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National Cancer Institutes National Cancer Institute

The Nation's Investment in Cancer Research

Reaching all Communities Touched by Cancer

Ongoing Outreach Initiatives

Doctor with patient.

The Community Clinical Oncology Program (CCOP) network enables the participation by community physicians in national clinical trials studies. Participating in these trials makes it easier for community physicians to more quickly put successful regimens into practice. In fact, over its 23 years of operation, the CCOP, with more than 4,000 physicians participating at over 400 hospitals, has enrolled more than 200,000 people in treatment and prevention trials.

Up Close with a CCOP Patient

Sue Duyser was leading a busy life in Grand Rapids, Mich., running a pharmacy with her husband. Then she found a lump in her breast. Her doctors initially thought the lump was a cyst. "I was so busy, I let it go," says Ms. Duyser. Six months later, a friend who is a breast cancer survivor urged her to follow up with her doctors, and Ms. Duyser was found to have a late-stage cancer.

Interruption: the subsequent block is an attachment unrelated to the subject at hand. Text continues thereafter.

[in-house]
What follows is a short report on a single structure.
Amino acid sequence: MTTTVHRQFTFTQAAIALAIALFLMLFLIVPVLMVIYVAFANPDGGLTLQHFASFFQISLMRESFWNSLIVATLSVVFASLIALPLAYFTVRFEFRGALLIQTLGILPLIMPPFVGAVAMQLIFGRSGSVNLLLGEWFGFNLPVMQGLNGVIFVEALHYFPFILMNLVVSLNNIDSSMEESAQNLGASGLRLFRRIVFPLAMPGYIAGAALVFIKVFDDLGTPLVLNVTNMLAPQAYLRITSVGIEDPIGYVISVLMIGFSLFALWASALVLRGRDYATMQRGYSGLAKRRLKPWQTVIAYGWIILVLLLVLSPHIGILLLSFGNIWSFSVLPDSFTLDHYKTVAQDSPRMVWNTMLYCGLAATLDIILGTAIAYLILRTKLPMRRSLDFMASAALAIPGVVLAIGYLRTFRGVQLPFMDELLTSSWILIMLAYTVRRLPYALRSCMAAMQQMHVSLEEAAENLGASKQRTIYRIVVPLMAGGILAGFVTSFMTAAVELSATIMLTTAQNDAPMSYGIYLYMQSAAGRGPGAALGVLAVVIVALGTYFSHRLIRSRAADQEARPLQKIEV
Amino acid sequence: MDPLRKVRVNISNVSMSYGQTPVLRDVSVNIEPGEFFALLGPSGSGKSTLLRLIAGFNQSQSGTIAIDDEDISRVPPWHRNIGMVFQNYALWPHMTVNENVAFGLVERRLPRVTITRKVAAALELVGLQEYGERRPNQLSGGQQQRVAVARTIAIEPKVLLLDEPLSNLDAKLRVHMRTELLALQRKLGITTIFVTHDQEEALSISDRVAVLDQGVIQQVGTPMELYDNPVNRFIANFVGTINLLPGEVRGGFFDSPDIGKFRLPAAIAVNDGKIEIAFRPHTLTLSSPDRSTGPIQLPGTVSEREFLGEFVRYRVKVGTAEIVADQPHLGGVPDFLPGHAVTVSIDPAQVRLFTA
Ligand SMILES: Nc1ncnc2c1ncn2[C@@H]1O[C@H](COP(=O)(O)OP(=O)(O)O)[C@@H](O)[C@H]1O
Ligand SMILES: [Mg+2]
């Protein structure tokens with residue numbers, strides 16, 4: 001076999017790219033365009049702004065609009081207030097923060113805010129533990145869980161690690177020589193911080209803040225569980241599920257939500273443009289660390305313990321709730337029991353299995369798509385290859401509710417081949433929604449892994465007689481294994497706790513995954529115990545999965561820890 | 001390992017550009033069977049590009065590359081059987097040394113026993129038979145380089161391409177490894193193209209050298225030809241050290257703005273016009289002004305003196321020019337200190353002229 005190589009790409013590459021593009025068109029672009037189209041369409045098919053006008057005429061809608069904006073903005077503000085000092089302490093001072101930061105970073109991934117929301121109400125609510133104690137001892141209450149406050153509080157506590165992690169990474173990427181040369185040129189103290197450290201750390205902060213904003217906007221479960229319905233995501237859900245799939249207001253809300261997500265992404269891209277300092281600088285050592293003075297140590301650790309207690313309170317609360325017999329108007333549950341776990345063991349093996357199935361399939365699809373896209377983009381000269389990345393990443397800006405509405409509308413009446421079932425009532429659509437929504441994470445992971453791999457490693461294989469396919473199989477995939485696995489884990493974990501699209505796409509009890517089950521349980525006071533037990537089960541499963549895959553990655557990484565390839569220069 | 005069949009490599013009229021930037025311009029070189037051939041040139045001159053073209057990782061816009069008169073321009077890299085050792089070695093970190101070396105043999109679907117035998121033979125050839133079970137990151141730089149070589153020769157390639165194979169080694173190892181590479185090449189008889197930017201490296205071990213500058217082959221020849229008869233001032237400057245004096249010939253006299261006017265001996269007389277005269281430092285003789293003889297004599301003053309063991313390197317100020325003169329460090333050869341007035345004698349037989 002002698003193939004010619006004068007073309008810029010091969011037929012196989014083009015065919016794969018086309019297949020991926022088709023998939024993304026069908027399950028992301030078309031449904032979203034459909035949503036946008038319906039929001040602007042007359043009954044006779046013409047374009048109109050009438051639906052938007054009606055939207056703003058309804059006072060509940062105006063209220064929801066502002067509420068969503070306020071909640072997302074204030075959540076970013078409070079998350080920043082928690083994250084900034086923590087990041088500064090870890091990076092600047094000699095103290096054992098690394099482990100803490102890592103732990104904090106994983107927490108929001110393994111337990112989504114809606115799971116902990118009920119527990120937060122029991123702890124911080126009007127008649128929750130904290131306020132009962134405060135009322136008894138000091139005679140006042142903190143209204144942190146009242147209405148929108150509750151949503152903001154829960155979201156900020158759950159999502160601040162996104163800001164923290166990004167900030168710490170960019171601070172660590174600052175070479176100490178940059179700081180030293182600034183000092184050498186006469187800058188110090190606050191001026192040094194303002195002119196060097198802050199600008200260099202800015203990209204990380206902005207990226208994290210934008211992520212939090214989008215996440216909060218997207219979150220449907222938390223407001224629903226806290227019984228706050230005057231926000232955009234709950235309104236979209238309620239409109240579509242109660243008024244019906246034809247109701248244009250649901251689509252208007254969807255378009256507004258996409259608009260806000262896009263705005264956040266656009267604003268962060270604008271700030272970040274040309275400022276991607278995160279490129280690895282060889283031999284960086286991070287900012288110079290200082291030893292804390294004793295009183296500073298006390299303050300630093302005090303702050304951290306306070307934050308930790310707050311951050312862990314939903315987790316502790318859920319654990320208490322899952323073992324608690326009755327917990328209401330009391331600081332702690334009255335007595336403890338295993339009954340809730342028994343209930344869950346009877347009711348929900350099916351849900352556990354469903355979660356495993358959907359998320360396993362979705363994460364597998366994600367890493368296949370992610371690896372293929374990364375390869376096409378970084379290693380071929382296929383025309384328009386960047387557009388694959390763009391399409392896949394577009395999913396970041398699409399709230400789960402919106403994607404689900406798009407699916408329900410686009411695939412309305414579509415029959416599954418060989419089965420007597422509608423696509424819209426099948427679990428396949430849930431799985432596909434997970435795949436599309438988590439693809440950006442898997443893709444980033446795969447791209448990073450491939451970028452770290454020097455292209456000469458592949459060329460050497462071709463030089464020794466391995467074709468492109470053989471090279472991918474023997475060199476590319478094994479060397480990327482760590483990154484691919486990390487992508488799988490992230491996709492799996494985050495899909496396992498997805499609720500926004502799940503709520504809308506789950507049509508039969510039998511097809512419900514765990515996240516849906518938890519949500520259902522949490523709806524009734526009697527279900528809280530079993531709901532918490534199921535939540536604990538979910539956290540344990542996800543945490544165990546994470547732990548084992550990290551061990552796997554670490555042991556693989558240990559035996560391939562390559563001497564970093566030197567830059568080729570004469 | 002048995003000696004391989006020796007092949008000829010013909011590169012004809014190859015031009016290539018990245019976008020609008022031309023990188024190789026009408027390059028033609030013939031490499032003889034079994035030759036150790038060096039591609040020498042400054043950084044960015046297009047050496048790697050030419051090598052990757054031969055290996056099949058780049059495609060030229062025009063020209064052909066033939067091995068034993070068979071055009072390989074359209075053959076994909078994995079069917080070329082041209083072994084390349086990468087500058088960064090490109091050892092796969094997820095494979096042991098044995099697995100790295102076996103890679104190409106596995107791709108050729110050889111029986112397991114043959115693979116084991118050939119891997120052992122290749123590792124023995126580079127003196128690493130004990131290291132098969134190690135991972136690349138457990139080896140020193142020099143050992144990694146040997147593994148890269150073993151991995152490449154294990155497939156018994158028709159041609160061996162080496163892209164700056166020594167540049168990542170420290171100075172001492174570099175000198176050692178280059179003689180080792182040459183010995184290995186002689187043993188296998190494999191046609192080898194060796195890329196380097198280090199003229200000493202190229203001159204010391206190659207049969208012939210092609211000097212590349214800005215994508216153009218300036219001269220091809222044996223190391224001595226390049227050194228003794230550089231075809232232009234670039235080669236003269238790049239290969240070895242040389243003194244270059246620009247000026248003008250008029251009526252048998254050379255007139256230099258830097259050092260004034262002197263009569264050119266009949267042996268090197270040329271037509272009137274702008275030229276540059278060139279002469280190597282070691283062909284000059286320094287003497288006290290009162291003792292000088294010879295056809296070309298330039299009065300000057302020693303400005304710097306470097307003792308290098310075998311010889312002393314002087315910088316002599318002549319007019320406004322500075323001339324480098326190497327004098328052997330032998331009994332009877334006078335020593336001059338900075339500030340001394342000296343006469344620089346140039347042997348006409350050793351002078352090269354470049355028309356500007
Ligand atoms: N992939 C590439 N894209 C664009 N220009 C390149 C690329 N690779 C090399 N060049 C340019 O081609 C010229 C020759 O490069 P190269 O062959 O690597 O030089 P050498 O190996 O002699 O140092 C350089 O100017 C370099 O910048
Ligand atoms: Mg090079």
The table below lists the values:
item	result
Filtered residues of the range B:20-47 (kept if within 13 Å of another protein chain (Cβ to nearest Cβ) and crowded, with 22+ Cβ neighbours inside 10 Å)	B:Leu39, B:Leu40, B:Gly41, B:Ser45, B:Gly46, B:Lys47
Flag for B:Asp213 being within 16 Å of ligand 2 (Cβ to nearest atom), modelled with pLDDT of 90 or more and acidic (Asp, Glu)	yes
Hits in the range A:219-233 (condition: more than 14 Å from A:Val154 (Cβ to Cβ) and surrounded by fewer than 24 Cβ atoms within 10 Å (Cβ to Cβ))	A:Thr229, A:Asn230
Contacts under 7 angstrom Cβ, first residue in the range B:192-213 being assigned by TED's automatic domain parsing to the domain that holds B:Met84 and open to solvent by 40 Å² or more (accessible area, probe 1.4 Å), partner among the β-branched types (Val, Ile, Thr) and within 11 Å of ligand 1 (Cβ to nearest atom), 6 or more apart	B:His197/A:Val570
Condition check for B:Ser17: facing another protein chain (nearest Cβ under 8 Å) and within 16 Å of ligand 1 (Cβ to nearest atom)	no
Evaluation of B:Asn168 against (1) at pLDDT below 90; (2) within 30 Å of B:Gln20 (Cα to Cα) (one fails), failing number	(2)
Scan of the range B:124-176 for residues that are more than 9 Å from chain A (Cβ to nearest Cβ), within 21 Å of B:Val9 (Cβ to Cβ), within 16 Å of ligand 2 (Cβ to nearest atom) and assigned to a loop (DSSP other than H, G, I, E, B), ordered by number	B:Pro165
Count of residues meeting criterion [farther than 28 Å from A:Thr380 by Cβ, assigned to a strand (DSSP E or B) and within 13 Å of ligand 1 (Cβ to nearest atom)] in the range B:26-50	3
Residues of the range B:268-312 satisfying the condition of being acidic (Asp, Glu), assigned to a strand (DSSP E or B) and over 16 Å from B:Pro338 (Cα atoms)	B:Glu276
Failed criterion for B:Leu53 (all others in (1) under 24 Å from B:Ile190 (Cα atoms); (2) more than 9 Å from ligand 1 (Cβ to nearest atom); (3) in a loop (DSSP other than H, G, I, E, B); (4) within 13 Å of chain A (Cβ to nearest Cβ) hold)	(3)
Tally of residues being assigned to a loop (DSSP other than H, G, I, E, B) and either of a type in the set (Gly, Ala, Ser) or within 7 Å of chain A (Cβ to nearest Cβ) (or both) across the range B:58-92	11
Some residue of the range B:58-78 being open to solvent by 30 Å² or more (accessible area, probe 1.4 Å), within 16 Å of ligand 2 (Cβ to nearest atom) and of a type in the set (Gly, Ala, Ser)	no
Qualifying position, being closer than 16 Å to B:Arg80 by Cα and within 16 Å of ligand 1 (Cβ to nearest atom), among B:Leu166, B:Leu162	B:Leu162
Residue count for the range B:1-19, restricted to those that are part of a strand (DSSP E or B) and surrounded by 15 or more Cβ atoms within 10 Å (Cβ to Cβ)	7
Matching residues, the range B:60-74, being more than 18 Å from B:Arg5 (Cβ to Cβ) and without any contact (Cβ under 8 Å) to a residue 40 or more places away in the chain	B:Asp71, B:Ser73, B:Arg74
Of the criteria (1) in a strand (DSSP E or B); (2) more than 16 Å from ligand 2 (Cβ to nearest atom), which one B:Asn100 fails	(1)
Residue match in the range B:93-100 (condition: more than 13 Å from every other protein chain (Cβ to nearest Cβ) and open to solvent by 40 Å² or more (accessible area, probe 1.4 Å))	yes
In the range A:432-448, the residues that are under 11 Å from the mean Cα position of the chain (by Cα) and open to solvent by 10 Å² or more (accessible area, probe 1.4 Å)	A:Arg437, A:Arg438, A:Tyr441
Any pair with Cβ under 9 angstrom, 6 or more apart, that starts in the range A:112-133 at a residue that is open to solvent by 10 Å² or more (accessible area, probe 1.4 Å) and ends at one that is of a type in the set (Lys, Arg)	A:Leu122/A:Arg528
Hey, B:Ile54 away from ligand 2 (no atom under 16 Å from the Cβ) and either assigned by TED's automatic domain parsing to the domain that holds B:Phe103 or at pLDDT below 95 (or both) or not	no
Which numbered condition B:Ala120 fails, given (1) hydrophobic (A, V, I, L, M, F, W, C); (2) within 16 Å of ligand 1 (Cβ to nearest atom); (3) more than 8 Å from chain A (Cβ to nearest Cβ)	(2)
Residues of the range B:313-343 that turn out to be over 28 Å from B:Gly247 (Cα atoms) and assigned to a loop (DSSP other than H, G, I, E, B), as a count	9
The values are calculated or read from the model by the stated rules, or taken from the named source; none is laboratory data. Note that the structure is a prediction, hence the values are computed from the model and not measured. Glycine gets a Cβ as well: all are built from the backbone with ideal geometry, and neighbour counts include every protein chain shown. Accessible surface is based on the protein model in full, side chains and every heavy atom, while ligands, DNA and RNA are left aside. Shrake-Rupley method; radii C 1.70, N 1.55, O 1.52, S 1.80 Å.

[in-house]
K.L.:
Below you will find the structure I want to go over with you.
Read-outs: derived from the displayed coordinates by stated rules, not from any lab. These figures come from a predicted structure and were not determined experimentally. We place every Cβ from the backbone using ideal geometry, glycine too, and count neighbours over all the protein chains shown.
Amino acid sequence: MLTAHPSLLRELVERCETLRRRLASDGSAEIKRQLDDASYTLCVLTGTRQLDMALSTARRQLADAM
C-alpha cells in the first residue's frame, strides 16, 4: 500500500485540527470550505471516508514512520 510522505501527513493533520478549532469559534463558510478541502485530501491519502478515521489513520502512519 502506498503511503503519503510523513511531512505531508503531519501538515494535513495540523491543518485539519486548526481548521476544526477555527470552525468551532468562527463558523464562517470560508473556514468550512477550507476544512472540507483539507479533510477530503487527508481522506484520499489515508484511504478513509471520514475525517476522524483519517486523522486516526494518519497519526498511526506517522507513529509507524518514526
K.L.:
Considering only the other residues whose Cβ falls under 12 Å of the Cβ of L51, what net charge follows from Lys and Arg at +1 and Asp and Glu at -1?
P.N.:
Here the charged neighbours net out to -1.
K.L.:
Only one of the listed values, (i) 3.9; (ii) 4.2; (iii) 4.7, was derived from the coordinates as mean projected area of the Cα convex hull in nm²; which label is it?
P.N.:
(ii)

While extended family knew oncologists at the University of Texas M. D. Anderson Cancer Center, travel was not an option. Ms. Duyser is the primary caregiver for her husband, who has multiple sclerosis and uses a wheelchair.

Networking through her community, she found the Grand Rapids Clinical Oncology Program, a CCOP site. There she found Dr. Marianne Lange, a dedicated physician willing to go the "extra mile" to get patients the best possible care. Ms. Duyser joined an NCI-sponsored clinical trial and though the treatment took many long and difficult months, Ms. Duyser knew she "was in good hands with the CCOP doctors" and was thankful to be able to be home with her husband, family, and friends. She is, today, a disease-free, 10-year breast cancer survivor.

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